December 2, 2021

I Used Facebook Without the Algorithm, and You Can Too

Facebook is broken, says whistleblower Frances Haugen, who worked on the company’s civic integrity team. In testimony before Congress and in the media, Haugen has argued that the social giant’s algorithms contribute to maladies that range from teen mental health issues to ethnic violence in Ethiopia. There’s no one solution that will fix all that’s wrong with Facebook—no, not even a new name—but one of Haugen’s suggestions stood out.

“I’m a strong proponent of chronological ranking, ordering by time with a little bit of spam demotion,” she told the Senate earlier this month. “We should have software that is human-scaled, where humans have conversations together, not computers facilitating who we get to hear from.”

Imagine that! Humans … having conversations … together. Haugen essentially recommends a Facebook News Feed where items appear as people post them, rather than in an order divined by the company’s algorithmic wizardry. In this world, likes and comments wouldn’t dictate what you see. It’s all a matter of timing—which would also prevent the algorithm from tossing logs onto the platform’s most inflammatory posts.

It’s not that radical a notion. Instagram only handed the algorithm the reins to your feed in 2016. Twitter took away chronology altogether that same year, only to reintroduce it as an option in 2018. And you can also ditch the algorithm in the Facebook News Feed right now, today. I know, because I’ve been doing it for the last two weeks.

In fairness, it’s not like Facebook hides the option. On desktop, you just click Most Recent in the lefthand pane. On mobile, you’ll find Most Recent under the hamburger menu in the upper-right corner. As Facebook itself warns, though, the experience is fleeting. “You can sort your News Feed to see recent posts,” a company help page says, “but News Feed will eventually return to its default setting.” (Or you can just use this link instead of facebook dot com, and load a ranking-free experience every time.)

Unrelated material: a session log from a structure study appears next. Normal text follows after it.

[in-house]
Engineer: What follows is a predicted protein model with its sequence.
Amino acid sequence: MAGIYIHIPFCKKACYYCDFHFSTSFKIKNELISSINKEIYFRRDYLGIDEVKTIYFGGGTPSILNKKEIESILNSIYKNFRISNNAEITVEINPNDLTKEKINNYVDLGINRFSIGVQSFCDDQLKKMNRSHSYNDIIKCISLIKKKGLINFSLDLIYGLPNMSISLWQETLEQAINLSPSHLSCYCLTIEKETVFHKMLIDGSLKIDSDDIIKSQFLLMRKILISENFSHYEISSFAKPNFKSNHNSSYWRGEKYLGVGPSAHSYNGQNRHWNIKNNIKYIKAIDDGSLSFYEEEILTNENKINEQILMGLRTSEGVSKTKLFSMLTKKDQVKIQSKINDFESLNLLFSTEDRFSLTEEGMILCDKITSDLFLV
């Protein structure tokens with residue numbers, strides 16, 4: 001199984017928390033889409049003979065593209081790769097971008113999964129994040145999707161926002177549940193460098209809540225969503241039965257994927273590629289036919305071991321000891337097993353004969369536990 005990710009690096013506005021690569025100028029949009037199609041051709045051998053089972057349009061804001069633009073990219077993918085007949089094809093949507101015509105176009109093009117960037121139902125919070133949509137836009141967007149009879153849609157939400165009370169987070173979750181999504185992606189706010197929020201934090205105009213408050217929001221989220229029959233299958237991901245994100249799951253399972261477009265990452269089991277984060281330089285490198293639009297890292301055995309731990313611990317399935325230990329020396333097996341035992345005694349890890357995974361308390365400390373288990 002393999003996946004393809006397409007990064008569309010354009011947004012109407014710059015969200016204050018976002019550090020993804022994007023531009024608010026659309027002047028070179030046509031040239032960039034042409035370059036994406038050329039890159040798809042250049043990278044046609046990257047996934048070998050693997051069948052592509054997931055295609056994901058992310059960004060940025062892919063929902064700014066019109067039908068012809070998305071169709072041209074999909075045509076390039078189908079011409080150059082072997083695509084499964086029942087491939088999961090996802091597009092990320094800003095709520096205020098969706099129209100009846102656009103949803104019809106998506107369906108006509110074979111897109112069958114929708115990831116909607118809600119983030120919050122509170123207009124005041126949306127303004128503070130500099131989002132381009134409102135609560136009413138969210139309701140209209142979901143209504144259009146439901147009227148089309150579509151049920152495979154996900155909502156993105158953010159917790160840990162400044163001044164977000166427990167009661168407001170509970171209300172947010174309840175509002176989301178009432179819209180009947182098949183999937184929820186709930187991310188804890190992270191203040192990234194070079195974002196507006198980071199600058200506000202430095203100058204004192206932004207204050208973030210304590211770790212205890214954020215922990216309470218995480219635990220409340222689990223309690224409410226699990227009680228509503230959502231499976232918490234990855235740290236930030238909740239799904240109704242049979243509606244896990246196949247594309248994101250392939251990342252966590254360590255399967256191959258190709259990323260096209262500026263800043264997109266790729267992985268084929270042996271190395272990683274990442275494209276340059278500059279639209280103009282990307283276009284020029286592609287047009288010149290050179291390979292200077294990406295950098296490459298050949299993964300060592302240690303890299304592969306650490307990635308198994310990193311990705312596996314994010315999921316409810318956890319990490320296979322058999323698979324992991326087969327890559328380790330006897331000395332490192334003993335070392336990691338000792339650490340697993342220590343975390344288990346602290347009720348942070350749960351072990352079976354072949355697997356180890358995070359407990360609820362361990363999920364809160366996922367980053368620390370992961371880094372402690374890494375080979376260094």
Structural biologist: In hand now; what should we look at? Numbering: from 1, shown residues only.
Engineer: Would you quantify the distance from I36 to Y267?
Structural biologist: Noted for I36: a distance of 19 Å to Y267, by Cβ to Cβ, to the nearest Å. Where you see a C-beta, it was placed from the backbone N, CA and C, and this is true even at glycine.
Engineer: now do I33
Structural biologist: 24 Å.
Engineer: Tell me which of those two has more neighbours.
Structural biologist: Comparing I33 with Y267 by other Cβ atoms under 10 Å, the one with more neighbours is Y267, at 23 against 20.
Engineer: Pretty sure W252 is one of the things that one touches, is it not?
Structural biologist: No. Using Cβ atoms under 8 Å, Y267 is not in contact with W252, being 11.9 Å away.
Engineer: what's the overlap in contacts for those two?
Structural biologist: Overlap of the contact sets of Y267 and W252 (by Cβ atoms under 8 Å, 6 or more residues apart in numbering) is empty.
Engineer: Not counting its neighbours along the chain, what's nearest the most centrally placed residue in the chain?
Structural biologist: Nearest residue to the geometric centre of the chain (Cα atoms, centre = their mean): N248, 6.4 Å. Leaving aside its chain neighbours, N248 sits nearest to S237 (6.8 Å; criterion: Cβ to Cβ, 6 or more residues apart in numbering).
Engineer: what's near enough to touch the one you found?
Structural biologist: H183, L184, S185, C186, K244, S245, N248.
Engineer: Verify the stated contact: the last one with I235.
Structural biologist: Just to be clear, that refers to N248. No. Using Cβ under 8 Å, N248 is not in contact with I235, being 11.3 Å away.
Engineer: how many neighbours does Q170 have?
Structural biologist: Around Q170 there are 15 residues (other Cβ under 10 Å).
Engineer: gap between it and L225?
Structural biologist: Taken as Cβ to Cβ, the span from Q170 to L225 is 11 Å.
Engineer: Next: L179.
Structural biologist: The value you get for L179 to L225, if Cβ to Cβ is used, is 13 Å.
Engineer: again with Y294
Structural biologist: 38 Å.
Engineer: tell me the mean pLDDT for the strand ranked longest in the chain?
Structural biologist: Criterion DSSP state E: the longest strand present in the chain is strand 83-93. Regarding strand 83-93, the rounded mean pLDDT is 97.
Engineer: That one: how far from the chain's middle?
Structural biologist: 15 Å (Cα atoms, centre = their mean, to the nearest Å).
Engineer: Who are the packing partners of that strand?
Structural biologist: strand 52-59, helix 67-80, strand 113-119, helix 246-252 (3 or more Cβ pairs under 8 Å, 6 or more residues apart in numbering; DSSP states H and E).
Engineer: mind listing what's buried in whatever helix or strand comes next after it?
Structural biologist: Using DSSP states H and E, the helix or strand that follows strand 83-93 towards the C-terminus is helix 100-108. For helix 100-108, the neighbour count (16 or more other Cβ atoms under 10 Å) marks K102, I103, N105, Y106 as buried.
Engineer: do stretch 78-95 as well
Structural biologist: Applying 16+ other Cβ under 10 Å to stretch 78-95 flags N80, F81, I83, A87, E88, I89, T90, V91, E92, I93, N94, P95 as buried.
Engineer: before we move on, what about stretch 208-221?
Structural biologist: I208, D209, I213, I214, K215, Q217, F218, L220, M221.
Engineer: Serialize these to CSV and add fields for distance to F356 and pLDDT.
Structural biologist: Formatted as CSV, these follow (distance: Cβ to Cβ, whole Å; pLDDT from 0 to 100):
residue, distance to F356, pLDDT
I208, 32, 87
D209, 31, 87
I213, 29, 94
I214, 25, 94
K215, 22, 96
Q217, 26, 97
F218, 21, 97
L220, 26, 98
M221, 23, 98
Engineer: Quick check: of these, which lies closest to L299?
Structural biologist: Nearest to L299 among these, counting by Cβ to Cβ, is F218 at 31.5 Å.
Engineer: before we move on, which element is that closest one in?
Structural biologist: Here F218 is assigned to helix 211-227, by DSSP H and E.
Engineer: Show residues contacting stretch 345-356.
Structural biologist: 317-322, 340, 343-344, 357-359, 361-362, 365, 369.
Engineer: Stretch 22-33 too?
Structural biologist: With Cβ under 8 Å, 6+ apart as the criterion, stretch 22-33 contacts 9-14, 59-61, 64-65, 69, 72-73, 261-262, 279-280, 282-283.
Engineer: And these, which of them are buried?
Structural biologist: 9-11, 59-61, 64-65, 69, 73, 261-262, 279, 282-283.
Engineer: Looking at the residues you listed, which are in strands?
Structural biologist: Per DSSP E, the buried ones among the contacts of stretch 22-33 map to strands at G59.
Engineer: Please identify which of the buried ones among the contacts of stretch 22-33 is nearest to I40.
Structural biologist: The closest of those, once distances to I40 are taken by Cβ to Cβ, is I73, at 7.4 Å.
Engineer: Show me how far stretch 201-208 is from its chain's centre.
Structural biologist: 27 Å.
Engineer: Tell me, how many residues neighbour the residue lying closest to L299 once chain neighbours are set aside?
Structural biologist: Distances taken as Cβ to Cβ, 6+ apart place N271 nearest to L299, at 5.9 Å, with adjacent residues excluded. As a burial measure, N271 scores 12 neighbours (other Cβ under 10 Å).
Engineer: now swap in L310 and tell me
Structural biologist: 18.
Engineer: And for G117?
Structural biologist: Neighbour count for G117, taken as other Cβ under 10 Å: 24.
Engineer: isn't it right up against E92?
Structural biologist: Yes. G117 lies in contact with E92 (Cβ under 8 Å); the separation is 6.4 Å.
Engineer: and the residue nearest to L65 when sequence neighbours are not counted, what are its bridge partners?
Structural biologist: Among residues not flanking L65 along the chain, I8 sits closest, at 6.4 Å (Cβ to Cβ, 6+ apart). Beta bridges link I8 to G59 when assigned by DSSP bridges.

To get a possibly obvious caveat out of the way: I am by no means a Facebook power user. I’ve posted three or four times a year since 2019, all of which were either WIRED stories or attempts to drum up business for my daughter’s Girl Scout cookie side hustle. My account is private, and while I’m somehow a member of 14 groups, more than half of those haven’t posted anything in the past year, I sporadically check in on three, and had forgotten the rest existed. Still, any honest accounting would put me on Facebook a few times a week. Call it force of habit, call it Marketplace voyeurism. Regardless, I am familiar with how the News Feed typically functions—and was struck by just how different an experience a healthy dose of chronology imparted.

I also don’t want to overstate things. The ills that Haugen proposes chronology may fix are largely not present in my social media bubble to begin with, at last that I’ve seen. Facebook also uses a multitude of algorithms; here it’s referring only to the platform’s News Feed ranking. And I hesitate to say whether the experience is necessarily better, at least for me, than what Facebook currently has on offer. Far more interesting, anyway, is what it says about Facebook itself.

I have 975 Facebook friends, accumulated over the past 13 years or so. I “like” 15 pages, a list that primarily comprises news outlets, plus a few friends who converted their profiles into Pages, and Cheez-Its, for some reason. (The reason is that Cheez-Its are delicious.)

You might imagine that in a healthy social network, even in chronological mode, the ratio of posts from friends to brands would roughly reflect the proportion in which you follow them. You don’t even have to imagine, actually; chronological Twitter functions basically like this, with ebbs and flows throughout the day that map the real human activity of the people you follow.

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